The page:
Tired. That word always made him zone out of their breakfast conversation in a pattern she had come to master. Silence, eyes gazing out through the window and then a slow rise from his dining chair with a claim that he was late for work.

Not because he was really late, but because he just wasn’t ready to perform beyond his man-of-the-house duties of financially providing for his family. So he worked himself to the spine and brought home the bag. Bills paid. Food provided. Children educated. What more could a woman who brought no money home possibly want?

But Ceria was relational. She demanded that he hold her hand wherever they went. Unfortunately, or fortunately for him, late nights in the office, which coincidentally was ten minutes away from their apartment, had overthrown the date nights. He had to work, partly to provide for the family, but mostly to maintain a good name at work and at the same time stay away from the hand-holding business or anything that dangled from her relational side of life.

She had complained about the silence during the only time they seemed to have together, the breakfast time, until her wells ran dry. She then turned to writing the ‘honest letters to God‘.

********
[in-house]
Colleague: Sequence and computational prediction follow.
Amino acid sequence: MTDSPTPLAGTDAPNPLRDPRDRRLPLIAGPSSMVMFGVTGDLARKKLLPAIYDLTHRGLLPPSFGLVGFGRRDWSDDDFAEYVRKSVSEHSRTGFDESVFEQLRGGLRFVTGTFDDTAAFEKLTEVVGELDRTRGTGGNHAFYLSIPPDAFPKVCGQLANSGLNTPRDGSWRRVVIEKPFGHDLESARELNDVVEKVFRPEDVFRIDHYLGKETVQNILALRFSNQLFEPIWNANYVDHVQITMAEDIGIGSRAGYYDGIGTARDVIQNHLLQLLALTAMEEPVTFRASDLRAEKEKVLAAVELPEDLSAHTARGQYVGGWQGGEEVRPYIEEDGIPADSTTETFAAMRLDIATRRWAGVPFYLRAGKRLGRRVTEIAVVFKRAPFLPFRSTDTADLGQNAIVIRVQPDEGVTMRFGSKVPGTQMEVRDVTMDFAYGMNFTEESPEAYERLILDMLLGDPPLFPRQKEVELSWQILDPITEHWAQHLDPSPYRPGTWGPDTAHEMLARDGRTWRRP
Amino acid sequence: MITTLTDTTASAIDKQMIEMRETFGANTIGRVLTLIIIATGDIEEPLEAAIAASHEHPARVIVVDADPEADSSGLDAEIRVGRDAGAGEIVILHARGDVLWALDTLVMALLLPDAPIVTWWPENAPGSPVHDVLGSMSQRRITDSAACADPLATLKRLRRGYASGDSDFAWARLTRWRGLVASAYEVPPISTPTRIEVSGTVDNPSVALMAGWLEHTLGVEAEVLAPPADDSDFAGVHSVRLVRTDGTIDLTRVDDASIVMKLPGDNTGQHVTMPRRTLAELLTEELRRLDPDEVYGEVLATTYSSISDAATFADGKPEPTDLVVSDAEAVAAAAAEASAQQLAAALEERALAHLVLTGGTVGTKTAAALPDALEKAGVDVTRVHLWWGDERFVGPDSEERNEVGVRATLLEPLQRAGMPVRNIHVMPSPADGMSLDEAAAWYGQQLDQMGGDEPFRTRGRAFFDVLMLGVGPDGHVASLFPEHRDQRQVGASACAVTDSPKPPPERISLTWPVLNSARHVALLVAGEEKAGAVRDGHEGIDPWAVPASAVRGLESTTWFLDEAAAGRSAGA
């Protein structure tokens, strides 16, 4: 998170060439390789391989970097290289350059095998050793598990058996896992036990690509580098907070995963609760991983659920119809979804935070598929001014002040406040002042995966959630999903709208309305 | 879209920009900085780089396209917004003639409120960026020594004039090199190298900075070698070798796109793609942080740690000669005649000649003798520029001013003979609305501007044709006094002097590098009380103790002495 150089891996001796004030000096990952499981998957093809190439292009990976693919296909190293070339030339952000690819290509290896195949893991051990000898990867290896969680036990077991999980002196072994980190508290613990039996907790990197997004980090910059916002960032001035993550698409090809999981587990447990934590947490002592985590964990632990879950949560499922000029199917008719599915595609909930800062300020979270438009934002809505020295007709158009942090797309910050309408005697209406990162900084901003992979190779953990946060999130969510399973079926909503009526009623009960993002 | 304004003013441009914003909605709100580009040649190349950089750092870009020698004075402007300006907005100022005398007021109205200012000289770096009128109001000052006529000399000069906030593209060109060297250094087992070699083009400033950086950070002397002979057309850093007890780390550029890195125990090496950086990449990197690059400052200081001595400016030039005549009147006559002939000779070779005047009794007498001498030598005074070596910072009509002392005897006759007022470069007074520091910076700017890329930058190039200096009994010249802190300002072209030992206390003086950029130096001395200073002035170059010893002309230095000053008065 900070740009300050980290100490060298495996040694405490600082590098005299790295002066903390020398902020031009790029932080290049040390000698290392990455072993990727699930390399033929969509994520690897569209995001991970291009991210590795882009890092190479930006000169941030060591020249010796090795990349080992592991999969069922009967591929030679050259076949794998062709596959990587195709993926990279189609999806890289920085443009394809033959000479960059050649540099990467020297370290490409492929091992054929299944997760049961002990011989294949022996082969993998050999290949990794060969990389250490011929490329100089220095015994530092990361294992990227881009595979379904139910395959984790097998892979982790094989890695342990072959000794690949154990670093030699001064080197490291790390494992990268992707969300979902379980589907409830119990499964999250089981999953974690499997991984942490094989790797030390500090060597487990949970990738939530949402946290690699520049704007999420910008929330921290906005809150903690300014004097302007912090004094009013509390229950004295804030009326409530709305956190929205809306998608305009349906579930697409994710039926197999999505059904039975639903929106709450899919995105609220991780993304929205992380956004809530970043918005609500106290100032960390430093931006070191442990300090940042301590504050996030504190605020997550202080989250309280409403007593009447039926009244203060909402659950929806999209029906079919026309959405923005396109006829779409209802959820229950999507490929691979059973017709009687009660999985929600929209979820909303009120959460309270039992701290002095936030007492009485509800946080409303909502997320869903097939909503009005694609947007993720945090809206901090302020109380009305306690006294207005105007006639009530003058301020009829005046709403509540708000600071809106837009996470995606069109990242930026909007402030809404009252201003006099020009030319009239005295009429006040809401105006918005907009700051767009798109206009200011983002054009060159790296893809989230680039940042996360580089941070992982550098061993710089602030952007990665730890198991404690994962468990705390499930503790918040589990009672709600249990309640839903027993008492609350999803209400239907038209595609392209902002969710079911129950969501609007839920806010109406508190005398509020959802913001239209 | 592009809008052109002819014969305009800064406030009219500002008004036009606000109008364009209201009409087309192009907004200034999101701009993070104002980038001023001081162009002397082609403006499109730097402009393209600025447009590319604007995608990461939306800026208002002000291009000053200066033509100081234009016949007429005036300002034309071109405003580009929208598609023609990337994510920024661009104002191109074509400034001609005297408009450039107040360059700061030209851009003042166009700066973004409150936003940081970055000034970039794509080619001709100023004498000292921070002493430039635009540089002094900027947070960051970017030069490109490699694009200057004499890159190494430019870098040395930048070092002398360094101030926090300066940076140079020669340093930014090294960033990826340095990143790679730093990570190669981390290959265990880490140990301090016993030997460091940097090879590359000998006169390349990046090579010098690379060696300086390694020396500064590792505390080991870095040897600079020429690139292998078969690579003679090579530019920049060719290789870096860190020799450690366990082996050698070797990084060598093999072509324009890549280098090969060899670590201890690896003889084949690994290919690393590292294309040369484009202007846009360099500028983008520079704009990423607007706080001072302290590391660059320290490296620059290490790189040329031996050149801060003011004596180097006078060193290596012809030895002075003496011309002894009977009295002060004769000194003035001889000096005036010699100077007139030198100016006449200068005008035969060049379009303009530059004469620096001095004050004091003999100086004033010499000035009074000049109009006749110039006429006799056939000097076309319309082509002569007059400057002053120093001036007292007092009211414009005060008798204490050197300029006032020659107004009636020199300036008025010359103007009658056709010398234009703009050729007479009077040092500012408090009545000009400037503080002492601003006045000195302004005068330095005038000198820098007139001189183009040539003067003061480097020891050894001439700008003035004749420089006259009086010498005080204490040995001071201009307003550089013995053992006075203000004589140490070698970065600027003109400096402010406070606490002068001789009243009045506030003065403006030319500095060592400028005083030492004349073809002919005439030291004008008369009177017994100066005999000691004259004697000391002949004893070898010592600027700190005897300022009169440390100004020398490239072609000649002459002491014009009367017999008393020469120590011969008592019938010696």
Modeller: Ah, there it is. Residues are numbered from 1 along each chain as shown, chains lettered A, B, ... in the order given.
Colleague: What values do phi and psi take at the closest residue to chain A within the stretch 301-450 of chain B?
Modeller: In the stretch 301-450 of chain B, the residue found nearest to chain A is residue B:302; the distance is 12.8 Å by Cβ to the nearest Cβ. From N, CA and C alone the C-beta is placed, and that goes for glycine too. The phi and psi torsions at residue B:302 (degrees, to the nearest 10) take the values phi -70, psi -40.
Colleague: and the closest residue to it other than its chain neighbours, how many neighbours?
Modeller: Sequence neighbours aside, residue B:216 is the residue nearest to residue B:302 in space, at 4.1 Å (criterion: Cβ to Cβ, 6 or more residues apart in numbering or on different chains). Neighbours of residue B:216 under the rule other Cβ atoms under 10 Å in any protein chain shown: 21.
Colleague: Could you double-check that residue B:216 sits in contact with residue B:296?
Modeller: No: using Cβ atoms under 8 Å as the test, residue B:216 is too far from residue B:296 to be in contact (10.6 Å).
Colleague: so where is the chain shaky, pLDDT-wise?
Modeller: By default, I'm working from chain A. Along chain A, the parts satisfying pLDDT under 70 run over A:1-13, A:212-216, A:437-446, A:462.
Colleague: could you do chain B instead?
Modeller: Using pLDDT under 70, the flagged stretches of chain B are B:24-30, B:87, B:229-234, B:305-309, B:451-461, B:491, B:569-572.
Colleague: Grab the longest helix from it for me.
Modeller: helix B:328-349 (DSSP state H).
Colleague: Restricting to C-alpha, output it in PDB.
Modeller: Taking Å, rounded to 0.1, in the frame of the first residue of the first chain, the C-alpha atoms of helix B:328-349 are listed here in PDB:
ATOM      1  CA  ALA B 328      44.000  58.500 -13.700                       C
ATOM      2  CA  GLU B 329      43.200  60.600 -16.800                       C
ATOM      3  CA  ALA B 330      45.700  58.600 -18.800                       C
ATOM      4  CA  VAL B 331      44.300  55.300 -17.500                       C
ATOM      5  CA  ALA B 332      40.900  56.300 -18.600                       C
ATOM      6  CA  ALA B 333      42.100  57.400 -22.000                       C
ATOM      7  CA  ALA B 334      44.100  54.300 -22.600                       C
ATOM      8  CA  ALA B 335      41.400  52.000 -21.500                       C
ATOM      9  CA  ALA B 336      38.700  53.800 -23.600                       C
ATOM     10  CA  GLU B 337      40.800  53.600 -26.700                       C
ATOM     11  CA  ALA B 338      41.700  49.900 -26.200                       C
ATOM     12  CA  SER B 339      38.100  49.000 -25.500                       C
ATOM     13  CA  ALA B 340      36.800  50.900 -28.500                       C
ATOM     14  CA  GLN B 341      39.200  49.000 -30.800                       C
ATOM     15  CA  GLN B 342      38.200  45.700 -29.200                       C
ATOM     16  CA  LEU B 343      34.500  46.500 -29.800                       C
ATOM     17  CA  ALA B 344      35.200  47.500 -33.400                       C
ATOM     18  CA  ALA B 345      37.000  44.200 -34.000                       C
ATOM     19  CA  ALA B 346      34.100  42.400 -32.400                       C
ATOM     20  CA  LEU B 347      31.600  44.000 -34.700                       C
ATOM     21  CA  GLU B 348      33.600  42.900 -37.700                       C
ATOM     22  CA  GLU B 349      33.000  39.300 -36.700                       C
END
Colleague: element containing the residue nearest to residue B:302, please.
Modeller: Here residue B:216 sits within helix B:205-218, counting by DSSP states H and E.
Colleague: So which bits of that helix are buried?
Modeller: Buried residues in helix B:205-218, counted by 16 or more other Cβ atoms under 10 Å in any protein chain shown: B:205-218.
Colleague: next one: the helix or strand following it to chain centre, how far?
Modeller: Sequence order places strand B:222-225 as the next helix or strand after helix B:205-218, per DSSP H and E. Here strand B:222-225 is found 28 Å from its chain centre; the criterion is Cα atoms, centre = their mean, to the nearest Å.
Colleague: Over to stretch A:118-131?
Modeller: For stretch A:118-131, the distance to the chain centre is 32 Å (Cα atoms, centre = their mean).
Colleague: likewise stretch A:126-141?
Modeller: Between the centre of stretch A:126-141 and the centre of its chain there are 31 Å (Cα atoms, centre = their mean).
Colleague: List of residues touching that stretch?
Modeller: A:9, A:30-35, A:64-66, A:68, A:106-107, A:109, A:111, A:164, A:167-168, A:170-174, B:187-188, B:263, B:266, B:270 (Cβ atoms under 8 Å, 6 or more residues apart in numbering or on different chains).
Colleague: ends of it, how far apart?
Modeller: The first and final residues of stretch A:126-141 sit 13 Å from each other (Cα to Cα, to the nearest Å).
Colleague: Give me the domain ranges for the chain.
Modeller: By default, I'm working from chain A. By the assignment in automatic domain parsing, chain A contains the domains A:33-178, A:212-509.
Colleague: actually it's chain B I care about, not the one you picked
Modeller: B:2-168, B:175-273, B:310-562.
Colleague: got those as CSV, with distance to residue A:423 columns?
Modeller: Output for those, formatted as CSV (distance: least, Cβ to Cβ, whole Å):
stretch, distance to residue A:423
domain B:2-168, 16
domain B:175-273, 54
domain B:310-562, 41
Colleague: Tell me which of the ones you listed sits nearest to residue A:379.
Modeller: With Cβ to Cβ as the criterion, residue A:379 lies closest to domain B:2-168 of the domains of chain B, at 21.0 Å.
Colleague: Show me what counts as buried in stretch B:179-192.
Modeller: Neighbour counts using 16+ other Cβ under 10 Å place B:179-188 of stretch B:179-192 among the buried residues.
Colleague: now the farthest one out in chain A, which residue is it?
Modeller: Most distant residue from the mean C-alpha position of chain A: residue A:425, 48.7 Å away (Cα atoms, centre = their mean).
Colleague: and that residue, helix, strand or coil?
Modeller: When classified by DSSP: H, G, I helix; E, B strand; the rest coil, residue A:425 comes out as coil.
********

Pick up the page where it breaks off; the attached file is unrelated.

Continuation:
But that was more than six months earlier. She had then turned to systematic texting and calling after the death of her brother, an act Samee defended as a coping mechanism. She had showered the recipient with praises for being a keen listener. Whoever it was must have been young, male and within their vicinity because at one point she had rebuked him in Samee’s hearing.

“You could get here in 20 minutes if you really wanted. True sons don’t keep their mothers waiting.”

It was obvious Ceria saw the young man as the only person who seemed to get her. But even with him she had not allowed herself to pour out the pain of her loss, maybe for fear of giving too much of herself and still not getting the attention she starved for.

Samee continued reading the notebook pacing from one end of the table to the other.

‘But it would be easier if you considered me gone, for good.’

He had long expected her to leave. She had made it clear she would and there was no talking her out of it. Not that he could, but she had grown to be a difficult woman miles apart from the chirpy girl he married over two decades earlier. One who had mysteriously mastered the art of never asking for anything she wanted from him. She either silently went out and did it herself or convinced herself she didn’t need it; with the latter dominating in matters concerning her feelings.

Still, she fulfilled at least ninety per cent of her wifely duties seemingly out of habit. And while the no-nagging mode served for his peace of mind, he knew it would soon blow up on his face. That soon was finally taking place. Click To Tweet